New Guidelines For Asylum Officers Could Lead To More Rejections

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New Guidelines For Asylum Officers Could Lead To More Rejections
Migrants could have a harder time passing "credible fear" interviews after the Trump administration revised guidelines for officers.
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The Trump administration has new guidelines for U.S. immigration officials that could make it harder for asylum-seekers to get their claims approved.

The new "lesson plan" is urging asylum officers to be more skeptical when evaluating whether people seeking to enter the U.S. have a "credible fear" of harm at home. Instead, the administration is instructing those officers to be wary of fraud. They are also being told to ignore cultural and psychological factors that may contribute to migrants' fears.  

If they don't have documents to prove they've been persecuted, migrants' cases will rely on their own testimony. But former Citizenship and Immigration Services chief counsel Stephen Legomsky said, "Without taking cultural and psychological factors into account, evaluating the person's credibility becomes nearly impossible."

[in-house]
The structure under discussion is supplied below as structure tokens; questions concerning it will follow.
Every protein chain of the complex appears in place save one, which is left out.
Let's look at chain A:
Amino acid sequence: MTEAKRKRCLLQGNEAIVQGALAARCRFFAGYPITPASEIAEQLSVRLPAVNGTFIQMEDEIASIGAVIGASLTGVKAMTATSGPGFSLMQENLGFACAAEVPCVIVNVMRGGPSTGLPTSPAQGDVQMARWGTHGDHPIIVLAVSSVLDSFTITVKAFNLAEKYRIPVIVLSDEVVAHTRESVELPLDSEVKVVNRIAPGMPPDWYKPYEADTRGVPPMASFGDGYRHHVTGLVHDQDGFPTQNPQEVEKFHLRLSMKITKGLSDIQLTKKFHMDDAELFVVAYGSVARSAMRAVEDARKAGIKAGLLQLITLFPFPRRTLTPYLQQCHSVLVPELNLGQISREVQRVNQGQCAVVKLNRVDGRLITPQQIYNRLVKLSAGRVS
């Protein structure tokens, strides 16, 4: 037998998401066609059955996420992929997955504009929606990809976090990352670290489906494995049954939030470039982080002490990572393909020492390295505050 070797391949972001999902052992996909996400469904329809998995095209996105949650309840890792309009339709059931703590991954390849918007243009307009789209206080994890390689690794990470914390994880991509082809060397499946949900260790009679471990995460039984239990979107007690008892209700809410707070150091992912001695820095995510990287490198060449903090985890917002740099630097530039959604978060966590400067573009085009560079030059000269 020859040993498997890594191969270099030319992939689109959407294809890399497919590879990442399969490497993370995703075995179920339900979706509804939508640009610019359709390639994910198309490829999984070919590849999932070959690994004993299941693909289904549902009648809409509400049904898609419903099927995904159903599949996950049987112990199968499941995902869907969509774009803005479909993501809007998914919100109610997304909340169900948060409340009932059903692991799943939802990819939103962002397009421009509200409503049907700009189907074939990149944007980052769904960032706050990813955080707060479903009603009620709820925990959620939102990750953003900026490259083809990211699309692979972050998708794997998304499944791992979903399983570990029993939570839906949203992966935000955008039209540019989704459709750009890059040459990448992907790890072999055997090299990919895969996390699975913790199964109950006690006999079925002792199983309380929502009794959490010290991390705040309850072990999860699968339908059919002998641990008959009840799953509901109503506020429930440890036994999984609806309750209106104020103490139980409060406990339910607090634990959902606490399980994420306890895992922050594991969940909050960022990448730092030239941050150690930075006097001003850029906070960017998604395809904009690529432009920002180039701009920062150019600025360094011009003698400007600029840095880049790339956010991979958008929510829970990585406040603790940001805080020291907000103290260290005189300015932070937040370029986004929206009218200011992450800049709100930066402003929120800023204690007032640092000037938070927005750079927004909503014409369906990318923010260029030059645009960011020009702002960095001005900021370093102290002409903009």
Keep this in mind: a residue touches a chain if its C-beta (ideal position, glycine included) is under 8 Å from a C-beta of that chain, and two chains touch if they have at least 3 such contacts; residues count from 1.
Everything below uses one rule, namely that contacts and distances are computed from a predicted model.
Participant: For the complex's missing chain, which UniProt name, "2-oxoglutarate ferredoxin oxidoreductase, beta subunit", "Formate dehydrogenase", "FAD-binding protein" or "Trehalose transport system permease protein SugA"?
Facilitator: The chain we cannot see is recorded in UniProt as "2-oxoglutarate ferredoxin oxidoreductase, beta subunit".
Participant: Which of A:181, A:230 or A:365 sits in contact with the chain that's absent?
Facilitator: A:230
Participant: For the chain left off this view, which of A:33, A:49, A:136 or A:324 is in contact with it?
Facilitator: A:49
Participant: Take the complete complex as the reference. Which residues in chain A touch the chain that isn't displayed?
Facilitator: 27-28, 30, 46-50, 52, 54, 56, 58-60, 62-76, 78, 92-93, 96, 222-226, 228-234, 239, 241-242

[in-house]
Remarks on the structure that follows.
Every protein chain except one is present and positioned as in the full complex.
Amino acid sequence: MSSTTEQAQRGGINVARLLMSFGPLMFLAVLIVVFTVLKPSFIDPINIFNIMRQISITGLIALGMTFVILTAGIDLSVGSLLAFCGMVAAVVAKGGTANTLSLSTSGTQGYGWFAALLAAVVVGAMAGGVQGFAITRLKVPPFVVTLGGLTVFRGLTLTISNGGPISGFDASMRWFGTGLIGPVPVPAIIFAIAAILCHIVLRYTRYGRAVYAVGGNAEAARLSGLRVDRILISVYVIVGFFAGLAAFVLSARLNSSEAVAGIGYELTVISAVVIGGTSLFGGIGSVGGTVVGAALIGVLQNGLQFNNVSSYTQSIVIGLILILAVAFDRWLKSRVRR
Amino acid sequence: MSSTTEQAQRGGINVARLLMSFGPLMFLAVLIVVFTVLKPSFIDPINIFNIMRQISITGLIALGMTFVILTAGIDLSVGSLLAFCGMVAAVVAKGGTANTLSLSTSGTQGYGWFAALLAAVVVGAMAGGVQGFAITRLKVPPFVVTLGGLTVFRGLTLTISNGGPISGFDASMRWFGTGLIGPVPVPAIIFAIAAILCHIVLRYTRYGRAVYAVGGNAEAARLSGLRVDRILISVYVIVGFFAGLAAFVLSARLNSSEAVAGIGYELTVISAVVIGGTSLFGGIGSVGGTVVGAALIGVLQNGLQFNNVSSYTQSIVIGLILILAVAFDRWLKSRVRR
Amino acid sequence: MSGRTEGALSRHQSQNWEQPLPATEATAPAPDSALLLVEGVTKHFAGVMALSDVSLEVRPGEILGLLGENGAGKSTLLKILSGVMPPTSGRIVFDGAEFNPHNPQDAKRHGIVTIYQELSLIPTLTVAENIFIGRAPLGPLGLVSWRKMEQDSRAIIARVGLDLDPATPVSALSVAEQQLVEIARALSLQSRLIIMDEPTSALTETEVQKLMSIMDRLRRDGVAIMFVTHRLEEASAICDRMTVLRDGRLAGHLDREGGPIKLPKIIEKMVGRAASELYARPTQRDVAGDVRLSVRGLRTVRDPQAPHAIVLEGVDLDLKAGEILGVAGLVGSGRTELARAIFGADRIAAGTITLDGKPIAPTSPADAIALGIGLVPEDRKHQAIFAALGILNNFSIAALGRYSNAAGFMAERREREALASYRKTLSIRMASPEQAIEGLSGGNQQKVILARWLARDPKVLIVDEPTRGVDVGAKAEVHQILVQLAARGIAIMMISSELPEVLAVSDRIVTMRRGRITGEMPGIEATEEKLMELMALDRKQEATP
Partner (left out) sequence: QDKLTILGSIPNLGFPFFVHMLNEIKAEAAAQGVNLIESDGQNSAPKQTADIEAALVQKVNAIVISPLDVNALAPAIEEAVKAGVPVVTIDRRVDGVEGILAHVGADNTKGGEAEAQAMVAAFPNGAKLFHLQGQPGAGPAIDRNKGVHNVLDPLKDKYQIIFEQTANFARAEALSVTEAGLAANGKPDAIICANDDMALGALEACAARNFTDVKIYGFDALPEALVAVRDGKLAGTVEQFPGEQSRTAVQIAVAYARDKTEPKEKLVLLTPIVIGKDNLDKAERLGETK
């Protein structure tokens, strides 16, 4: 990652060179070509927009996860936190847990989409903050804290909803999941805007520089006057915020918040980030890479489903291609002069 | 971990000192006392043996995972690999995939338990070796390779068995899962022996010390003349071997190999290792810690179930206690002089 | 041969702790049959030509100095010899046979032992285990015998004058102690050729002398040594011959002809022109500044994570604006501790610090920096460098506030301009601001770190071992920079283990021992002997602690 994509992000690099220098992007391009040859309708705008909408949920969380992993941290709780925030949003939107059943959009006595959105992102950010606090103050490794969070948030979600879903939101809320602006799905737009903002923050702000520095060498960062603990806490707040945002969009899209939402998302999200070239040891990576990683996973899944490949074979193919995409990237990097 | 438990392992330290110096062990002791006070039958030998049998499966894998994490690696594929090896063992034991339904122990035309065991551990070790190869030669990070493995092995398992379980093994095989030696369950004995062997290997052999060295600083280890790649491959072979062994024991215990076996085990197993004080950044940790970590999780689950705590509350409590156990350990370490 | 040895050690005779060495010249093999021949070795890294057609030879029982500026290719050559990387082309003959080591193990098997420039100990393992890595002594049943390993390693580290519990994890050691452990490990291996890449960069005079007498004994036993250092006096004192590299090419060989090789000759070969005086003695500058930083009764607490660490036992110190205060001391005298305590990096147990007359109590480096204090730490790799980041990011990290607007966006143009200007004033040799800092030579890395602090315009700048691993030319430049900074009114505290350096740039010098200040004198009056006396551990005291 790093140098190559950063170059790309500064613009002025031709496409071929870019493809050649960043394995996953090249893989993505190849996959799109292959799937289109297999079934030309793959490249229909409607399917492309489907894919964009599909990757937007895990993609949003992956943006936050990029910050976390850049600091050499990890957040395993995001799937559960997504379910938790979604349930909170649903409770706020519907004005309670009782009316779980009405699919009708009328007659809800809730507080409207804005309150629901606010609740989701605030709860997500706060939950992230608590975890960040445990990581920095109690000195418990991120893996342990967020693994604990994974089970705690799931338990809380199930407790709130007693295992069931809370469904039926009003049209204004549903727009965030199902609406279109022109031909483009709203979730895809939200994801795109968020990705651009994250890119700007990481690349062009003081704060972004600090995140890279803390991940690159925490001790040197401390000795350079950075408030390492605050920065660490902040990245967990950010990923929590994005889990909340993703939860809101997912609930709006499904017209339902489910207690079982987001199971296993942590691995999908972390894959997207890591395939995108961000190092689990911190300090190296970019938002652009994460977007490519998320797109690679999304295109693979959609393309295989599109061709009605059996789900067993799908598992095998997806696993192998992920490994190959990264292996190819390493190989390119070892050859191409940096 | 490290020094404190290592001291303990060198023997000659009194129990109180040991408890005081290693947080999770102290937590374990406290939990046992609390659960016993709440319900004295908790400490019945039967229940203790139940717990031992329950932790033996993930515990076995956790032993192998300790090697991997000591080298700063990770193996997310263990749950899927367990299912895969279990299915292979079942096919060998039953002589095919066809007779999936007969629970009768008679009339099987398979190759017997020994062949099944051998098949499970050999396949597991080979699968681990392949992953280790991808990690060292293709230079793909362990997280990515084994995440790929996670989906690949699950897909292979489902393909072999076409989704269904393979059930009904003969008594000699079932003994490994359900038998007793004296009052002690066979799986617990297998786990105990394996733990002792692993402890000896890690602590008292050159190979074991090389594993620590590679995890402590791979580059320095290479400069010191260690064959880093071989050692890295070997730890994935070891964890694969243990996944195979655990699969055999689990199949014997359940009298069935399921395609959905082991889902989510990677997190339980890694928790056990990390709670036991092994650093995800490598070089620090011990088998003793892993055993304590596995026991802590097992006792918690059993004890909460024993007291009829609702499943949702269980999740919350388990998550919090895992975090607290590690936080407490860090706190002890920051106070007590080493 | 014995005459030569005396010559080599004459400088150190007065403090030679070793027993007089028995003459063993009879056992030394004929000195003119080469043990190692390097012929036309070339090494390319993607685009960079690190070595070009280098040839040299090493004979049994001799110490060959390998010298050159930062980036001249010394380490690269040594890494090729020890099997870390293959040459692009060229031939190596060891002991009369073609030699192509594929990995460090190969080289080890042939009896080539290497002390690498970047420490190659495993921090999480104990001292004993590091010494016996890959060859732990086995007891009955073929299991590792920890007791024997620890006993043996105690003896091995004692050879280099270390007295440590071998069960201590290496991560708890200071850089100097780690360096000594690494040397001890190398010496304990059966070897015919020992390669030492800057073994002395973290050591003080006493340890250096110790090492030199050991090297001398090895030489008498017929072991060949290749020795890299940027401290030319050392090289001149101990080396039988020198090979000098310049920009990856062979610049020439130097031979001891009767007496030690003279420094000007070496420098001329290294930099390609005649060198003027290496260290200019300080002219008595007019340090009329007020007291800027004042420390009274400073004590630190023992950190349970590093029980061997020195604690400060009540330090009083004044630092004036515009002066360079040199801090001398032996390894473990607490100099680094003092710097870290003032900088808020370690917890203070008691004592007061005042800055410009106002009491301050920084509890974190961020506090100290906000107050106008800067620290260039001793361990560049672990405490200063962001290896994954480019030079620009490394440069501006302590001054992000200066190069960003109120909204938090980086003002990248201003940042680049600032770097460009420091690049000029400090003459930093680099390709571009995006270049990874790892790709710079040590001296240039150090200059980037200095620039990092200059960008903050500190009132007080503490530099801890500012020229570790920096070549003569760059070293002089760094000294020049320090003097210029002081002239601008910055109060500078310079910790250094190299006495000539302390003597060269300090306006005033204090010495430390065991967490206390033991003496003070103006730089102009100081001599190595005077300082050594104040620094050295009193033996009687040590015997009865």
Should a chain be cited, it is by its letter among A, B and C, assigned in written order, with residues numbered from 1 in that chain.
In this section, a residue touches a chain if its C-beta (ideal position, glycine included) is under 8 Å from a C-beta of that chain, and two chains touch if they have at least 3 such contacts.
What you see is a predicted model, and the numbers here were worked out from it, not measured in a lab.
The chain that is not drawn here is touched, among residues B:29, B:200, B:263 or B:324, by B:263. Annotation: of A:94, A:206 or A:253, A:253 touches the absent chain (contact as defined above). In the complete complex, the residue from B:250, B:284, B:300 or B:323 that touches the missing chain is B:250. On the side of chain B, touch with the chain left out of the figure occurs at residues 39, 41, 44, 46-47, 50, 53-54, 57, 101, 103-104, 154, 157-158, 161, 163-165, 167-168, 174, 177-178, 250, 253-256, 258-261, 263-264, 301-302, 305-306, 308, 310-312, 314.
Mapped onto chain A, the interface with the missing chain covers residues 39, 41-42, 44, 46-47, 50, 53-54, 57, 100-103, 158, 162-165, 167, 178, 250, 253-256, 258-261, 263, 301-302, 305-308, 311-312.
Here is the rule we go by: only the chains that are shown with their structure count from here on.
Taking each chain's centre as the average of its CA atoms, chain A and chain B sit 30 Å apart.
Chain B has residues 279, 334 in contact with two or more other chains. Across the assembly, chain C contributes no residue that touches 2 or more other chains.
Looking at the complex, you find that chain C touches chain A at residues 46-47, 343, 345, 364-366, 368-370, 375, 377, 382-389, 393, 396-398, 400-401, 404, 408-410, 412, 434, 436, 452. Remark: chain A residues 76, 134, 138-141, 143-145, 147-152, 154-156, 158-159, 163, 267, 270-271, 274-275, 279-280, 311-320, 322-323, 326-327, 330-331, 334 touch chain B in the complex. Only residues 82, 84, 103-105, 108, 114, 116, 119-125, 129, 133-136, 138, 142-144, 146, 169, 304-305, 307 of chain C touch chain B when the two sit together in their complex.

Usually, migrants who pass the "credible fear" interview can stay in the U.S. until their case has been decided. President Trump claims migrants are exploiting "loopholes" in the law to stay in the U.S. since their cases can often drag on for months or even years.

But a new policy under the Trump administration can now force migrants to wait in Mexico while their cases linger in court. 

The president recently ordered more changes to the asylum process. The new rules require people to pay application fees and ban those crossing the border illegally from receiving a U.S. work permit while waiting for the outcome of their cases. 

This new guidelines for "credible fear" evaluations may be used to train border patrol agents to conduct interviews normally done by asylum officers with U.S. Citizenship and Immigration Services. 

Newsy reached out to U.S. Customs and Border Protection, but the agency did not directly address the report. A U.S. Citizenship and Immigration Services spokesperson told Newsy that the agency "updates its training periodically." The spokesperson also said USCIS "considers credible fear claims on a case-by-case basis, taking into account relevant country conditions information and adhering to all applicable laws, regulations, policies and precedent decisions." 

The government's asylum evaluation guidelines have been revised in 2006, 2014 and 2017. The most recent changes, from April 30, take effect this month.